Search Images Maps Play YouTube News Gmail Drive More »
Sign in
Screen reader users: click this link for accessible mode. Accessible mode has the same essential features but works better with your reader.

Patents

  1. Advanced Patent Search
Publication numberUS6879260 B1
Publication typeGrant
Application numberUS 09/559,146
Publication dateApr 12, 2005
Filing dateApr 27, 2000
Priority dateOct 28, 1997
Fee statusPaid
Also published asDE69836918D1, EP1027759A1, EP1027759B1, WO1999025049A1
Publication number09559146, 559146, US 6879260 B1, US 6879260B1, US-B1-6879260, US6879260 B1, US6879260B1
InventorsLars-Olof Olofsson, Martin Ranger, Per Zellman
Original AssigneeEmotron Ab
Export CitationBiBTeX, EndNote, RefMan
External Links: USPTO, USPTO Assignment, Espacenet
Load indicator
US 6879260 B1
Abstract
A load indicator for an electric motor, comprising a first means (II, IU, CPU) for repeated determination of the motor load, a second means (CPU) for comparing the current motor load, as determined by the first means, with a preset load limit, and a third means (CPU), PP) for indicating that the current motor load exceeds the load limit. Moreover, a meant (T, CPU) is arranged to initiate a presetting of the load limit. This means is adapted to be actuated, when the motor runs in normal operation, for presetting of the load limit as the current motor load changed by a predetermined deviation value stored in the load indicator.
Images(4)
Previous page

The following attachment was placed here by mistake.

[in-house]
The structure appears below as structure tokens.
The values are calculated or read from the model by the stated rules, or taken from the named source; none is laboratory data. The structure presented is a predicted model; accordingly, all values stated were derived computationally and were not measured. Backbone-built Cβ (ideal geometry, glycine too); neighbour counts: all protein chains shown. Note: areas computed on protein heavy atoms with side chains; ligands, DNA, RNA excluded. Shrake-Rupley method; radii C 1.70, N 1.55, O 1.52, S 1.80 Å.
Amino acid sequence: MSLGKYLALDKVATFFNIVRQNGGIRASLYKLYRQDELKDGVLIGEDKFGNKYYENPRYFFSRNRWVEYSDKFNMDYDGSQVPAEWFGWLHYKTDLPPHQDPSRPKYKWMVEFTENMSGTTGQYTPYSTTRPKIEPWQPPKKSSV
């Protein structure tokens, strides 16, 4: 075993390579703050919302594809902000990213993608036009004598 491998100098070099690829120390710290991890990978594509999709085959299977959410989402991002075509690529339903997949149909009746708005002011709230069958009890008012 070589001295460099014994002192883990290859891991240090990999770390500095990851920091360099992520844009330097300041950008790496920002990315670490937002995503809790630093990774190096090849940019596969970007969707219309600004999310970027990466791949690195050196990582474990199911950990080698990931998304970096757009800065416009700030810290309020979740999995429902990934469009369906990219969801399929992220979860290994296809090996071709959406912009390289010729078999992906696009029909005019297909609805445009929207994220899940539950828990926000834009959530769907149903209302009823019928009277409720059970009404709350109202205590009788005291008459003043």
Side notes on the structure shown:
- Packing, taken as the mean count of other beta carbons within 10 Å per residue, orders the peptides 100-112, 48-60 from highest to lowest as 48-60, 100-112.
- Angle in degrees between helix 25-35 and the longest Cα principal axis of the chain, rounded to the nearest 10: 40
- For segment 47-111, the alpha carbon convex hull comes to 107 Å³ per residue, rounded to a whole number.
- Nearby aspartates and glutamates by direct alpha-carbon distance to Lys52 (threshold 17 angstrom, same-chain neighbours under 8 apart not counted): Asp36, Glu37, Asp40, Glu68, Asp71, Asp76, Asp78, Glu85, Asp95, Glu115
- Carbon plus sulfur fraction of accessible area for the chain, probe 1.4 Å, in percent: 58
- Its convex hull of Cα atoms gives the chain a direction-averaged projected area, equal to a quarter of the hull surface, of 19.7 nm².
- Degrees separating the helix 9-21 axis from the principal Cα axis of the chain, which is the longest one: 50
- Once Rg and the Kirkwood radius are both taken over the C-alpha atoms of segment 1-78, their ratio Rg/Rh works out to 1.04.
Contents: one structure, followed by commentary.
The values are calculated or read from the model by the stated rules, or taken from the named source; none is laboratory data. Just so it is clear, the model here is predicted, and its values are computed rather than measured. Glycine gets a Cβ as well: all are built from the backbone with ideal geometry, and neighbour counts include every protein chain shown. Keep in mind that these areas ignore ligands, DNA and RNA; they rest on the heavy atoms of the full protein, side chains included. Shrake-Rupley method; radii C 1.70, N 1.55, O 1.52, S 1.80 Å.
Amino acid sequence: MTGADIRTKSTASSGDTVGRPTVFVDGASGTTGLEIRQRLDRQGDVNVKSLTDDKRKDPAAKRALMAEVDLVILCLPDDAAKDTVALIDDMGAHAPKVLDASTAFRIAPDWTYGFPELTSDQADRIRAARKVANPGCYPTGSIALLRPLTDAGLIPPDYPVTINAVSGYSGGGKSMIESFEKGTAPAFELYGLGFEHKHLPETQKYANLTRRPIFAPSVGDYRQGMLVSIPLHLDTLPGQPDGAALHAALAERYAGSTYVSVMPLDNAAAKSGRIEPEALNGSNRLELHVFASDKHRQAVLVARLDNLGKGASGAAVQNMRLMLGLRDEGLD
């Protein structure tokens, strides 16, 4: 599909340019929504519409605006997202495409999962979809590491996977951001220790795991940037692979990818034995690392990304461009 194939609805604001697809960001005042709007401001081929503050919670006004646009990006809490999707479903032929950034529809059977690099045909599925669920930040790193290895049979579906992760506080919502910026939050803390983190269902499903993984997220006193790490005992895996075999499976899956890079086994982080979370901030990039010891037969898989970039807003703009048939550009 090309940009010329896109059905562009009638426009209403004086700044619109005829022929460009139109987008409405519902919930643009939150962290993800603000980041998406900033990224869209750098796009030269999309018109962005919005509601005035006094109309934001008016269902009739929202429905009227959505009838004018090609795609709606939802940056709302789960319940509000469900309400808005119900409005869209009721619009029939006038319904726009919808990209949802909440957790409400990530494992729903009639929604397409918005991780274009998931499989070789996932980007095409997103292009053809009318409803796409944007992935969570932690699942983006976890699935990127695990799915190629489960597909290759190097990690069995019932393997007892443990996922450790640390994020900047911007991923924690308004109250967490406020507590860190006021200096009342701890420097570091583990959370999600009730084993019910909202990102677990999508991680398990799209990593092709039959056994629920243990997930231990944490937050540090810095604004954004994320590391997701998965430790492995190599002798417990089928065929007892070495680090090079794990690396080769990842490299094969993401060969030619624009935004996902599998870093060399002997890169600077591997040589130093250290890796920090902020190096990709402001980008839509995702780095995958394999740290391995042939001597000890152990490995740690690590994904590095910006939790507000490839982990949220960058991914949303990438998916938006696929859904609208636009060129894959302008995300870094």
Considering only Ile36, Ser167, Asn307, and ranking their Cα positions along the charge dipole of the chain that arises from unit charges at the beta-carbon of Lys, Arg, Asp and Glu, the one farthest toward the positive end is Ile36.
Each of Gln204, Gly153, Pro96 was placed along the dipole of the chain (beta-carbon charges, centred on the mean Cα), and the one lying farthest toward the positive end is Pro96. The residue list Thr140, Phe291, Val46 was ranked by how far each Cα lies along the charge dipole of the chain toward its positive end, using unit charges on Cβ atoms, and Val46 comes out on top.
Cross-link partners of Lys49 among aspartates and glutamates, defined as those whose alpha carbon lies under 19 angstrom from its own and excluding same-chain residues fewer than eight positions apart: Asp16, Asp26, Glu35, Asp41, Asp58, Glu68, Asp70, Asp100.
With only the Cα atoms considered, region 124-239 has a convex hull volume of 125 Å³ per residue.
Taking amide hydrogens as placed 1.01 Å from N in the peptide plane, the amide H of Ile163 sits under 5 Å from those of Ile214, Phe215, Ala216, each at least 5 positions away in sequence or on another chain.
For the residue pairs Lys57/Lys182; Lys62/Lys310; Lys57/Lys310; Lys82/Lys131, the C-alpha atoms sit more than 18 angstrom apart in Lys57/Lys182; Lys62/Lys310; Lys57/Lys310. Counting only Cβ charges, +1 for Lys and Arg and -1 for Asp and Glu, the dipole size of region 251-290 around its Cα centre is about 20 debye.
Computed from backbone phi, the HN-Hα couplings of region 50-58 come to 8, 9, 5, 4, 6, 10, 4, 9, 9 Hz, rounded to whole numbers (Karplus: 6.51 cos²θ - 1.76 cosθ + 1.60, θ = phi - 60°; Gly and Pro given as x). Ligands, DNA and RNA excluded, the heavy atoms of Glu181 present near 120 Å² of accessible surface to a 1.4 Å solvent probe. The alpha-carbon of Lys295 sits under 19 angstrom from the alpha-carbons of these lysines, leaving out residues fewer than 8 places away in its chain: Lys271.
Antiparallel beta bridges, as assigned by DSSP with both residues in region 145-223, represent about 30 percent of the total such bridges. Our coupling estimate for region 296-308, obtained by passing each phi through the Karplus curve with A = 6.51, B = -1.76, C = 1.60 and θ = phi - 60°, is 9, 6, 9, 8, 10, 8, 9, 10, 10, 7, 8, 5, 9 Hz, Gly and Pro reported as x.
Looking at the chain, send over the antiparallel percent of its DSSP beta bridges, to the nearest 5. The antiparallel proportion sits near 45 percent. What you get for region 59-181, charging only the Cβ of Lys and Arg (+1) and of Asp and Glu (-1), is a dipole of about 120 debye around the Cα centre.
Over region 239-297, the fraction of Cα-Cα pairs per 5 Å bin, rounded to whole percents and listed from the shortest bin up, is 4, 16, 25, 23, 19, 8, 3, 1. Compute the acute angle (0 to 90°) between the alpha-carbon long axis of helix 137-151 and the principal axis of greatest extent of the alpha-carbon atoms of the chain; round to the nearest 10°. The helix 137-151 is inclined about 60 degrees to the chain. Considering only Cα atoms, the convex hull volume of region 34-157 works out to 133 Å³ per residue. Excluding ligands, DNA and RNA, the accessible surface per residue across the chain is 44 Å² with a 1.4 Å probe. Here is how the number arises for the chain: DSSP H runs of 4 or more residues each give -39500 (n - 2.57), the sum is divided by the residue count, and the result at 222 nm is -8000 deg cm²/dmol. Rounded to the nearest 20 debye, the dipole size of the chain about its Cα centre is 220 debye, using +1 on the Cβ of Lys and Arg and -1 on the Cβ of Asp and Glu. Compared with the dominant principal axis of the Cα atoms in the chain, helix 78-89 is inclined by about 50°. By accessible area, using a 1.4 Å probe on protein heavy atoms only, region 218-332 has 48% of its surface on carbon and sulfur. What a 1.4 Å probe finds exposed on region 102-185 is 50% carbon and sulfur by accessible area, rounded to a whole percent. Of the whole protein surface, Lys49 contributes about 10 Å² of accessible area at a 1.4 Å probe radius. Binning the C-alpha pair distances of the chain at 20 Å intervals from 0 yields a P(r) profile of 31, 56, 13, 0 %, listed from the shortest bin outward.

Next page
Claims(11)
1. A load indicator for an electric motor, comprising a first means (II, IU, CPU) for repeated determination of the motor load, a second means (CPU) for comparing the current motor load, as determined by the first means, with a preset load limit, a third means (CPU, PP) for indicating that the current motor load exceeds the load limit, and a means (T, CPU) for initiating a presetting of the load limit as the current motor load changed by a predetermined deviation value stored in the load indicator, said initiating means being adapted to be manually actuated as the motor runs in normal operation.
2. A load indicator as claimed in claim 1, wherein the deviation value is stored as a percentage which, multiplied by the nominal power of the motor, yields the actual deviation value.
3. A load indicator as claimed in claim 1, wherein the deviation value is stored as a percentage which, multiplied by the current load, yields the actual deviation value.
4. A load indicator as claimed in claim 1, wherein deviation value is stored as a fixed value.
5. A load indicator as claimed in claim 1, wherein the initiating means (T, CPU) is adapted to preset two deviation values which represent deviations in the same direction of either underload or overload with respect to the motor load in normal operation.
6. A load indicator as claimed in claim 5, further comprising a means (1) for determining the direction of deviation.
7. A load indicator as claimed in claim 1, wherein the initiating means (T, CPU) is adapted to preset two deviation values which represent deviations in opposite directions of underload and overload, respectively, with respect to the motor load in normal operation.
8. A load indicator as claimed in claim 1, wherein the initiating means (T, CPU) is adapted to preset four deviation values, of which two represent different deviations in a first direction from the motor load in normal operation and two represent different deviations in a second direction, opposite to the first direction, from the motor load in normal operation, said first and second directions being either an underload or overload direction, respectively with respect to the motor load in normal operation.